Because of how their engine is designed, it is better able to withstand the pressure, the bumps, and the bruises, so to speak. Diesel vehicles are tough, sturdy, and reliable, which is always a benefit when it comes to off-roading.

Source: Pickup Trucks News, Don Johnson Motors, and The Fast Lane Truck

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Reason #3: Miles in Range

Diesel vehicles, specifically diesel trucks, are known for having an amazing rate with how many miles they can go per gallon of fuel. That is particularly useful with off-roading because it allows you to travel longer distances off the road before you need to return to refill the car’s tank.

In fact, while most cars typically travel less than 20 miles per gallon, a large, heavy diesel vehicle can go 25+ miles per gallon, and mid-size to small diesel vehicles can potentially get over 30 miles per gallon. That is super impressive and handy! It also helps save money on fuel in the long run.

Sources: Pickup Trucks News, and Don Johnson Motors

Reason #4: Fuel Economy and Taxation

Although diesel fuel tends to be harder to find, it has a better fuel economy. When it comes to diesel fuel, there are several names it may be referred to as. Some of the names it is called are red-dyed diesel, alternative fuel, red fuel, off-highway diesel, or farm diesel if it is off-road diesel (an off-road diesel vehicle would be tractors, construction machines, possibly some four wheelers or ATV’s, etc.).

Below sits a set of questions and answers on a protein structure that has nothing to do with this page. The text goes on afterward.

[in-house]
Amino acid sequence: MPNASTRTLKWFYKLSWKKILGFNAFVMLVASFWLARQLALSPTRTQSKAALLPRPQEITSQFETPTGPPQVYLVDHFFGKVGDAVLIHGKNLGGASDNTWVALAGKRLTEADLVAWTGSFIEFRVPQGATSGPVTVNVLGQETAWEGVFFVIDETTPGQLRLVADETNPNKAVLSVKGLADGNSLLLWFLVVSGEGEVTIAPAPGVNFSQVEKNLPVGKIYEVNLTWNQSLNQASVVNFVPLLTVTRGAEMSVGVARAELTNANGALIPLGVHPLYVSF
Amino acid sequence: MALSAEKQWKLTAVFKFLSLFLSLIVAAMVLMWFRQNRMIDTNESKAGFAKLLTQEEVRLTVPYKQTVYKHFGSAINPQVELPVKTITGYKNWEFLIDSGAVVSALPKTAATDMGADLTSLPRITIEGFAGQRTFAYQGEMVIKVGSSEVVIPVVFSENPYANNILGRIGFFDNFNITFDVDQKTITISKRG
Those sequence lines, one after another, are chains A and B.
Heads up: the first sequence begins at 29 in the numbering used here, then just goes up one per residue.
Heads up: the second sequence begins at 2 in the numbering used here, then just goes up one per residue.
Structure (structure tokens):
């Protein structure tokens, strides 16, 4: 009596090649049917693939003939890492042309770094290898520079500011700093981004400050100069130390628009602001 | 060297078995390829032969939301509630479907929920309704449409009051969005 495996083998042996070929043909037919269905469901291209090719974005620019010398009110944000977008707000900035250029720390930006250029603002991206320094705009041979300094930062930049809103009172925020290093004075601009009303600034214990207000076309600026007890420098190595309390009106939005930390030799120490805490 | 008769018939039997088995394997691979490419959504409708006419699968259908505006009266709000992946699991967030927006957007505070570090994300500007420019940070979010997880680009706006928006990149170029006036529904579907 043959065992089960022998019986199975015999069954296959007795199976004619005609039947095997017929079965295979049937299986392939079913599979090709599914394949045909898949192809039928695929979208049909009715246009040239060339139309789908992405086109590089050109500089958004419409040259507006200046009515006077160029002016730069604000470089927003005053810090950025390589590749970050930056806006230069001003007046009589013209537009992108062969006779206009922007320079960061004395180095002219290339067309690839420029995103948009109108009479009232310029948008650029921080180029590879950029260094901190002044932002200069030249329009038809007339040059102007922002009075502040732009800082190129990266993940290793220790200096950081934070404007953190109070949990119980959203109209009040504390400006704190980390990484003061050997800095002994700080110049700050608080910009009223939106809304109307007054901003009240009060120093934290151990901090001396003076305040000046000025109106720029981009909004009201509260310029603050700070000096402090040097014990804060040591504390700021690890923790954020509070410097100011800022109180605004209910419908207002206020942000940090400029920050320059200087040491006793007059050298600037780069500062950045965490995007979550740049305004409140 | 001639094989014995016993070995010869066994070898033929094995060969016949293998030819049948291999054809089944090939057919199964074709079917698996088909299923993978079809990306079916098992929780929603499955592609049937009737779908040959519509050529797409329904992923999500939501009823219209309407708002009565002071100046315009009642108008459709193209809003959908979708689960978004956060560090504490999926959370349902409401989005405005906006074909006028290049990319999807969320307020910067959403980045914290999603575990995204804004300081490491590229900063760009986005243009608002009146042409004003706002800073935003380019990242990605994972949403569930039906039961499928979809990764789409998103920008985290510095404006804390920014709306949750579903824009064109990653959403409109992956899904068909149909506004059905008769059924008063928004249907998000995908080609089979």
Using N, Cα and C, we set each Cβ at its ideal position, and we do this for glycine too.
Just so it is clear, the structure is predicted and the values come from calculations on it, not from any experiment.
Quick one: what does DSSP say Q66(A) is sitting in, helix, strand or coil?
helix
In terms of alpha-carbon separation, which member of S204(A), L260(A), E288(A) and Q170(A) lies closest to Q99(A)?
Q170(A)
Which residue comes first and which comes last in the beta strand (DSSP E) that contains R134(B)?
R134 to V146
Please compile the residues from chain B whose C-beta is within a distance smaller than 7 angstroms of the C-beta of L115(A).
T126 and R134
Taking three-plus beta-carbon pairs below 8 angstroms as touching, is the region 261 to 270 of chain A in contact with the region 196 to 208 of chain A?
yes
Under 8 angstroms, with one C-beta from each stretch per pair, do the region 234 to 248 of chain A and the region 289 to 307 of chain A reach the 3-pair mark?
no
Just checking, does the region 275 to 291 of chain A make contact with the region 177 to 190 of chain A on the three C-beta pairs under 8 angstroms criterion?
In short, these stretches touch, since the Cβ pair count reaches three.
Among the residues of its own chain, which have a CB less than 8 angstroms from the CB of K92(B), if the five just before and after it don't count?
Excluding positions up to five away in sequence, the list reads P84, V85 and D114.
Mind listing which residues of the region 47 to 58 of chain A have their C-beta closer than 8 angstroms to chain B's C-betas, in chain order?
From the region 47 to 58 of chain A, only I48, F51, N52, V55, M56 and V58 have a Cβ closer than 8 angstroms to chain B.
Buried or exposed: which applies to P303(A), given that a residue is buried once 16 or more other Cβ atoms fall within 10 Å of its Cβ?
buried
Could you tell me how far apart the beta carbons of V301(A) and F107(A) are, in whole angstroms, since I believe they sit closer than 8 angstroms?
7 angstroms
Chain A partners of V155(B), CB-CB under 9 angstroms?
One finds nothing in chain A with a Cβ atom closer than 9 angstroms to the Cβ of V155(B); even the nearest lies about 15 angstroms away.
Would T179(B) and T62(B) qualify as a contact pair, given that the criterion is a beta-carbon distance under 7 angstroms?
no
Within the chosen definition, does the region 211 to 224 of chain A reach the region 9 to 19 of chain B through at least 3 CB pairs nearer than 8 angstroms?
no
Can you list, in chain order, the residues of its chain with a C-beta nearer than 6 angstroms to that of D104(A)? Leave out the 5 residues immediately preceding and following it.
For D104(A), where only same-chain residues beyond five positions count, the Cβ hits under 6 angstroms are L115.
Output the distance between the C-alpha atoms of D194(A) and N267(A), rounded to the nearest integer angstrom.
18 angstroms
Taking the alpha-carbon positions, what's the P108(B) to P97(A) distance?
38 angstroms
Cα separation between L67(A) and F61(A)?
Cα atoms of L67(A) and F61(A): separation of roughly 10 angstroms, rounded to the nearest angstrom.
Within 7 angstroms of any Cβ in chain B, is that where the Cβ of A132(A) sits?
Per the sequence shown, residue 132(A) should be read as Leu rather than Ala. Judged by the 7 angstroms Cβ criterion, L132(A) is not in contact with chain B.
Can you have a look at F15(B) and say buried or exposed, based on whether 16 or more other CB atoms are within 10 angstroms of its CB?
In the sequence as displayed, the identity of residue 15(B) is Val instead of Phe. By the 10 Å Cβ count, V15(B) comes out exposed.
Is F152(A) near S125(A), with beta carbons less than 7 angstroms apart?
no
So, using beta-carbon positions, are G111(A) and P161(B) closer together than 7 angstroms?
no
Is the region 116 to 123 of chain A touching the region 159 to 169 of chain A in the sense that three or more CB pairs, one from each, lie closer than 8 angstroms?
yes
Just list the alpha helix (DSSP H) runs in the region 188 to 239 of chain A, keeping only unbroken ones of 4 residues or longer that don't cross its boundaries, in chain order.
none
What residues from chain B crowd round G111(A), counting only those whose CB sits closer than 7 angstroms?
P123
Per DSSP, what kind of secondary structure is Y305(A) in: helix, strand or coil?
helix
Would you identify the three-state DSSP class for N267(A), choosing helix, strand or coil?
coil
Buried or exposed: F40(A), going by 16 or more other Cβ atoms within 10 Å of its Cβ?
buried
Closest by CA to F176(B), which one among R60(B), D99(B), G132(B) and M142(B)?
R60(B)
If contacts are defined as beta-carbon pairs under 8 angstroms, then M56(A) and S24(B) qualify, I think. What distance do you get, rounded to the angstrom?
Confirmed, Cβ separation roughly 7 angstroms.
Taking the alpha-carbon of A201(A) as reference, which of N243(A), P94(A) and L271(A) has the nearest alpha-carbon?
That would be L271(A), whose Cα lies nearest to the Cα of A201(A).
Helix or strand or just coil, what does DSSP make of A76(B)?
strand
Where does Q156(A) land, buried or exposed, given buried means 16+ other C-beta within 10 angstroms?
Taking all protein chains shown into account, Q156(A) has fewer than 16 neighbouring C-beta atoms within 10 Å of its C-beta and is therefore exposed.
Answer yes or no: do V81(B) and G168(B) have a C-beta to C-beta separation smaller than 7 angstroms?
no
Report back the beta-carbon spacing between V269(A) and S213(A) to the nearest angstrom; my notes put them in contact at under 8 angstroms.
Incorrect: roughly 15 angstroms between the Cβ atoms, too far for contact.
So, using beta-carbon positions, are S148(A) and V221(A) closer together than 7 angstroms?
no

For on-road diesel fuel, it may be called clear diesel, truck diesel, or automobile diesel, or green diesel. With diesel vehicles, not only is money saved on fuel from the distance range the vehicle gets per gallon, but also in the fuel consumption rates. When comparing gas engines and diesel engines at full power, it was found that diesel engines consumed 75% of the amount of fuel that gas engines did.

Also, when comparing gas engines and diesel engines at 20% power, the diesel engine used 35% of the fuel that the gas engine used. Diesel vehicles have a remarkable fuel economy, to say the least!

As for taxation, there can be some perks if the diesel vehicle uses off-road diesel fuel. If the vehicle is able to use that fuel, then you can actually save money by not having to pay taxes on it! Keep in mind though, if off-road diesel fuel is used for an on-road diesel vehicle, big fines could occur.